The Academic Minute from 11.27 – 12.01
Jay Zagorsky – Boston University
Can Important Unions Collapse and Disappear?
Jay Zagorsky is an economist who teaches at Boston University’s Questrom School of Business. This summer he taught his 10,000th Boston University student. Professor Zagorsky has published three books and is working on his fourth entitled “The Power of Cash: Why Using Paper Money Is Good For You and Society.” This is his fifth piece on “The Academic Minute.”
Marie-Claire Beaulieu – Tufts University
Greek Mythology in the Garden
Marie-Claire Beaulieu studies the human experience of the natural world in Greek and Roman mythology, religion, and culture. She makes extensive use of computational methods in her work and has engaged in large infrastructure-building initiatives in the digital humanities, designing collaborative editing and annotation software for the Perseids Project (https://perseids.org/). Her current project, in collaboration with a team of experts from the humanities, computer science, and the biological sciences, is a digital edition of D’Arcy Thompson’s Glossary of Greek Birds. The project aims to explore the overlap between classical studies and ornithology in analyzing the perception of birds in Greek mythology (https://sites.tufts.edu/ancientbirds/).
Alauna Safarpour – Gettysburg College
Taking Perspective: Reducing Prejudice in Politics
Dr. Alauna Safarpour is an assistant professor of Political Science at Gettysburg College. Her research interests include race and ethnic politics, prejudice reduction, public opinion, and political participation. Prior to joining the faculty at Gettysburg College, she was a postdoctoral fellow at Harvard University’s Shorenstein Center on Media, Politics, and Public Policy and Northeastern University’s Network Science Institute. Her research has been published by multiple peer reviewed journals including Political Behavior, the Journal of Experimental Political Science, The Annals of the American Academy of Political and Social Science, Public Opinion Quarterly, Research and Politics, The Washington Post, the Kaiser Family Foundation, The Conversation, and the Journal of the American Medical Association (JAMA) Network Open.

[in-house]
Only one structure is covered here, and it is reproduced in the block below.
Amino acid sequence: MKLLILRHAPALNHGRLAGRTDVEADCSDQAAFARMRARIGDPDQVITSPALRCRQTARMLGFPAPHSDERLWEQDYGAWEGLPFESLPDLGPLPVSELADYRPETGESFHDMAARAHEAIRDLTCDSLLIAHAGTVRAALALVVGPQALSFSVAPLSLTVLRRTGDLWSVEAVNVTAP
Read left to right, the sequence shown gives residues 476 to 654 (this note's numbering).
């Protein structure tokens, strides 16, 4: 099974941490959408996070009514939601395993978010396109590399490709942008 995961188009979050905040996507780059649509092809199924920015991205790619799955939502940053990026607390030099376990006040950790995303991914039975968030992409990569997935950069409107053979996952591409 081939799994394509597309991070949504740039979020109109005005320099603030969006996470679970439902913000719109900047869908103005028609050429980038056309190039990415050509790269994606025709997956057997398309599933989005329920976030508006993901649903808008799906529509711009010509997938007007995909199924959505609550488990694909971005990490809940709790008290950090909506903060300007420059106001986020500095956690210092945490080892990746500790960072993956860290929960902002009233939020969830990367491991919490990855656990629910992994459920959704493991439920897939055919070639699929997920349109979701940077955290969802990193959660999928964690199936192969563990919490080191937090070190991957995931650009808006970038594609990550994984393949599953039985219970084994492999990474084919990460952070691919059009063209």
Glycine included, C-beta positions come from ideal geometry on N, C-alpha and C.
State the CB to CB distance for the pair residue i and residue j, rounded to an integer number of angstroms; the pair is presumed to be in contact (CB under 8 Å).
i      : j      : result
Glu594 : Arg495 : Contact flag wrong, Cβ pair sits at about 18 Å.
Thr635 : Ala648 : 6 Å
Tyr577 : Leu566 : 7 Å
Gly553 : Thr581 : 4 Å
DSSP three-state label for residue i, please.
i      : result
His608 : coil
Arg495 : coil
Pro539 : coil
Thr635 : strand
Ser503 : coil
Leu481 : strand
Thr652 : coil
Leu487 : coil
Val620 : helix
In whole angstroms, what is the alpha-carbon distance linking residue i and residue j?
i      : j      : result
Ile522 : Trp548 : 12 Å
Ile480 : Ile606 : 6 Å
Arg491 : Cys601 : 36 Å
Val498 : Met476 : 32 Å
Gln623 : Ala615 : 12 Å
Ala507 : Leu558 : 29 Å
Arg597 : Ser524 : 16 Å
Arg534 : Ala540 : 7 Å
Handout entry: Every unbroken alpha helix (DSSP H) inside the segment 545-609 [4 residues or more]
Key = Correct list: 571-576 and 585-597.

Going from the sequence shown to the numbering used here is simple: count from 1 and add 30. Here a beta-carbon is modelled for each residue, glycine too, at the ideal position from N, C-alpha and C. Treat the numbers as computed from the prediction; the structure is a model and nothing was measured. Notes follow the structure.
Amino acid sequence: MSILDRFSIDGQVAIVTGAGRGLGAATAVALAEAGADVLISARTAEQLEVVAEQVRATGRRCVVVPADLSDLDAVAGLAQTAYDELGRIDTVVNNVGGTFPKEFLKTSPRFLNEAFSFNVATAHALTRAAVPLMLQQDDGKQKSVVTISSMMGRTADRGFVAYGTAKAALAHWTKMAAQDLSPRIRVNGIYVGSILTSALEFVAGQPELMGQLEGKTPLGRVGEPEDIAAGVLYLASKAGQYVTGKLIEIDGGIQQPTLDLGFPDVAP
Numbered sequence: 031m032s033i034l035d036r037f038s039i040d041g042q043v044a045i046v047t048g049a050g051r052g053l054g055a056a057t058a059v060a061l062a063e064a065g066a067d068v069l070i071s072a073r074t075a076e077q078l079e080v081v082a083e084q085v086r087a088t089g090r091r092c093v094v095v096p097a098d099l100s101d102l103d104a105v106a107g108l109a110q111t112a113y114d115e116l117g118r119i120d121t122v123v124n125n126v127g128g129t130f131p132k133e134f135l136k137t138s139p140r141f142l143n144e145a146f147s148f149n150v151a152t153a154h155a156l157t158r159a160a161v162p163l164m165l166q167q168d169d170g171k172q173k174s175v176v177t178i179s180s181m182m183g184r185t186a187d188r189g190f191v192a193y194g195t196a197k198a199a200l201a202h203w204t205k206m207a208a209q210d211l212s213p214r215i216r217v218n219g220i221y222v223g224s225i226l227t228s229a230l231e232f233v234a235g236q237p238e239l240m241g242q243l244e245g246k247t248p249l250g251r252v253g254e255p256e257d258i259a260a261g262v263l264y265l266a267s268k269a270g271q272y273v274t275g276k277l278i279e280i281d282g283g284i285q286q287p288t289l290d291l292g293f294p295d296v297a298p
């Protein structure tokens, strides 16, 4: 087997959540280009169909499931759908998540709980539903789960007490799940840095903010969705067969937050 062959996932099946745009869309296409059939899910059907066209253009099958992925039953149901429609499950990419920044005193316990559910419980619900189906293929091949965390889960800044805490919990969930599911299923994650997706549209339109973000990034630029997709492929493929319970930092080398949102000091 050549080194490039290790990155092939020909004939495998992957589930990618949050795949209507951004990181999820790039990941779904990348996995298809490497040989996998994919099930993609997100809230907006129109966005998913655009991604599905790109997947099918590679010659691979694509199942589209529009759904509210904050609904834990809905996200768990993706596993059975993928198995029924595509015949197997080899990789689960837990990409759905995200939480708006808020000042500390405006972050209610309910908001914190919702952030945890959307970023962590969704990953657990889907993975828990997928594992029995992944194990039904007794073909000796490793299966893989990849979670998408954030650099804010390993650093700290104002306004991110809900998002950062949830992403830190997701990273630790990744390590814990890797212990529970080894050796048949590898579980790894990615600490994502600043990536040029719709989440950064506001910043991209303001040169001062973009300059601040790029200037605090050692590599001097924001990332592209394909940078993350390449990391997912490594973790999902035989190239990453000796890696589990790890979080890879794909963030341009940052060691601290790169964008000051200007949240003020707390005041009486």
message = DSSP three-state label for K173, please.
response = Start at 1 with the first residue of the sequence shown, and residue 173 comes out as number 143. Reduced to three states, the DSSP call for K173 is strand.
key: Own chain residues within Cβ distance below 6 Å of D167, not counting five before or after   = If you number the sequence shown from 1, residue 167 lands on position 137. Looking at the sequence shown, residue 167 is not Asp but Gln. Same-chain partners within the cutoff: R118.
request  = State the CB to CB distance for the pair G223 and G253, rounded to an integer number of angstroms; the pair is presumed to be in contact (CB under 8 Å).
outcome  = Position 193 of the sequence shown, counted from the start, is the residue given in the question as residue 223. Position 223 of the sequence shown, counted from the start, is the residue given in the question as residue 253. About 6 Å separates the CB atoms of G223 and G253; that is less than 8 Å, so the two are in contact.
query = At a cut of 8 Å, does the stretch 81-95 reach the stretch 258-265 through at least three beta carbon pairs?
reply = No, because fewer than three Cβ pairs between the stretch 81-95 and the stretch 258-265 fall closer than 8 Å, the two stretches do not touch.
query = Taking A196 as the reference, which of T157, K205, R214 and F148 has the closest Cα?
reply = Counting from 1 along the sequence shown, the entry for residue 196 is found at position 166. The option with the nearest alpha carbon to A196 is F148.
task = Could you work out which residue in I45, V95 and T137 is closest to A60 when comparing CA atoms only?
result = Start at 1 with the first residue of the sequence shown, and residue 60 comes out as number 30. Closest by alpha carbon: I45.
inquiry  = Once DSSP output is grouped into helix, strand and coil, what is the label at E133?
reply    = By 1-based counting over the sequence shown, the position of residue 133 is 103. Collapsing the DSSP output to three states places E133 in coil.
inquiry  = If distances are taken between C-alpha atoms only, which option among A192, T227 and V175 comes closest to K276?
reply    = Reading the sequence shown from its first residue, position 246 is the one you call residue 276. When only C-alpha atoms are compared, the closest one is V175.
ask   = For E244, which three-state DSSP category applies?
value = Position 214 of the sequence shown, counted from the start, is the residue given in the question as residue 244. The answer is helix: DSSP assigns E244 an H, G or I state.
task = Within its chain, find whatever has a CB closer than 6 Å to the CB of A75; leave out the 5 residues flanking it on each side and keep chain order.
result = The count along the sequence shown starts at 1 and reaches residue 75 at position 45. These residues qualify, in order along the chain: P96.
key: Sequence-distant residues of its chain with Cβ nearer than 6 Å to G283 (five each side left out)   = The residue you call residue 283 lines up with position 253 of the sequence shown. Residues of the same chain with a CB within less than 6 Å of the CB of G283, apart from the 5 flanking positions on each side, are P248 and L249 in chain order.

James Scott – Albertus Magnus College
Penetrating the Blue Wall of Silence
Dr. James Scott began his law enforcement career with a stint as a New York City (NYC) Correction Officer. Subsequently, transitioning to the Connecticut State Police. After 21 years of policing, Dr. Scott retired and assumed a faculty position at Albertus Magnus College in New Haven, CT. Dr. Scott earned a Doctorate in Criminal Justice from Saint Leo University, and he is a military veteran.
Chris Damman – University of Washington
Nourishing Health and Community: the Microbiome Link
Chris Damman is Clinical Associate Professor and practicing gastroenterologist at the University of Washington in the Department of Medicine/Division of Gastroenterology and editor-in-chief at Gut Bites MD. He is former Initiative Lead of Gut Health in the Enteric and Diarrheal Diseases team at the Bill & Melinda Gates Foundation. He holds an M.D. from Columbia University, an M.A. in Molecular Biology & Biochemistry from Wesleyan University, and is board certified in Gastroenterology. Chris holds research interests focused on food- and microbiome-based therapeutics for non-communicable disease. He is a frequent contributor to the press as an expert in gut microbiome.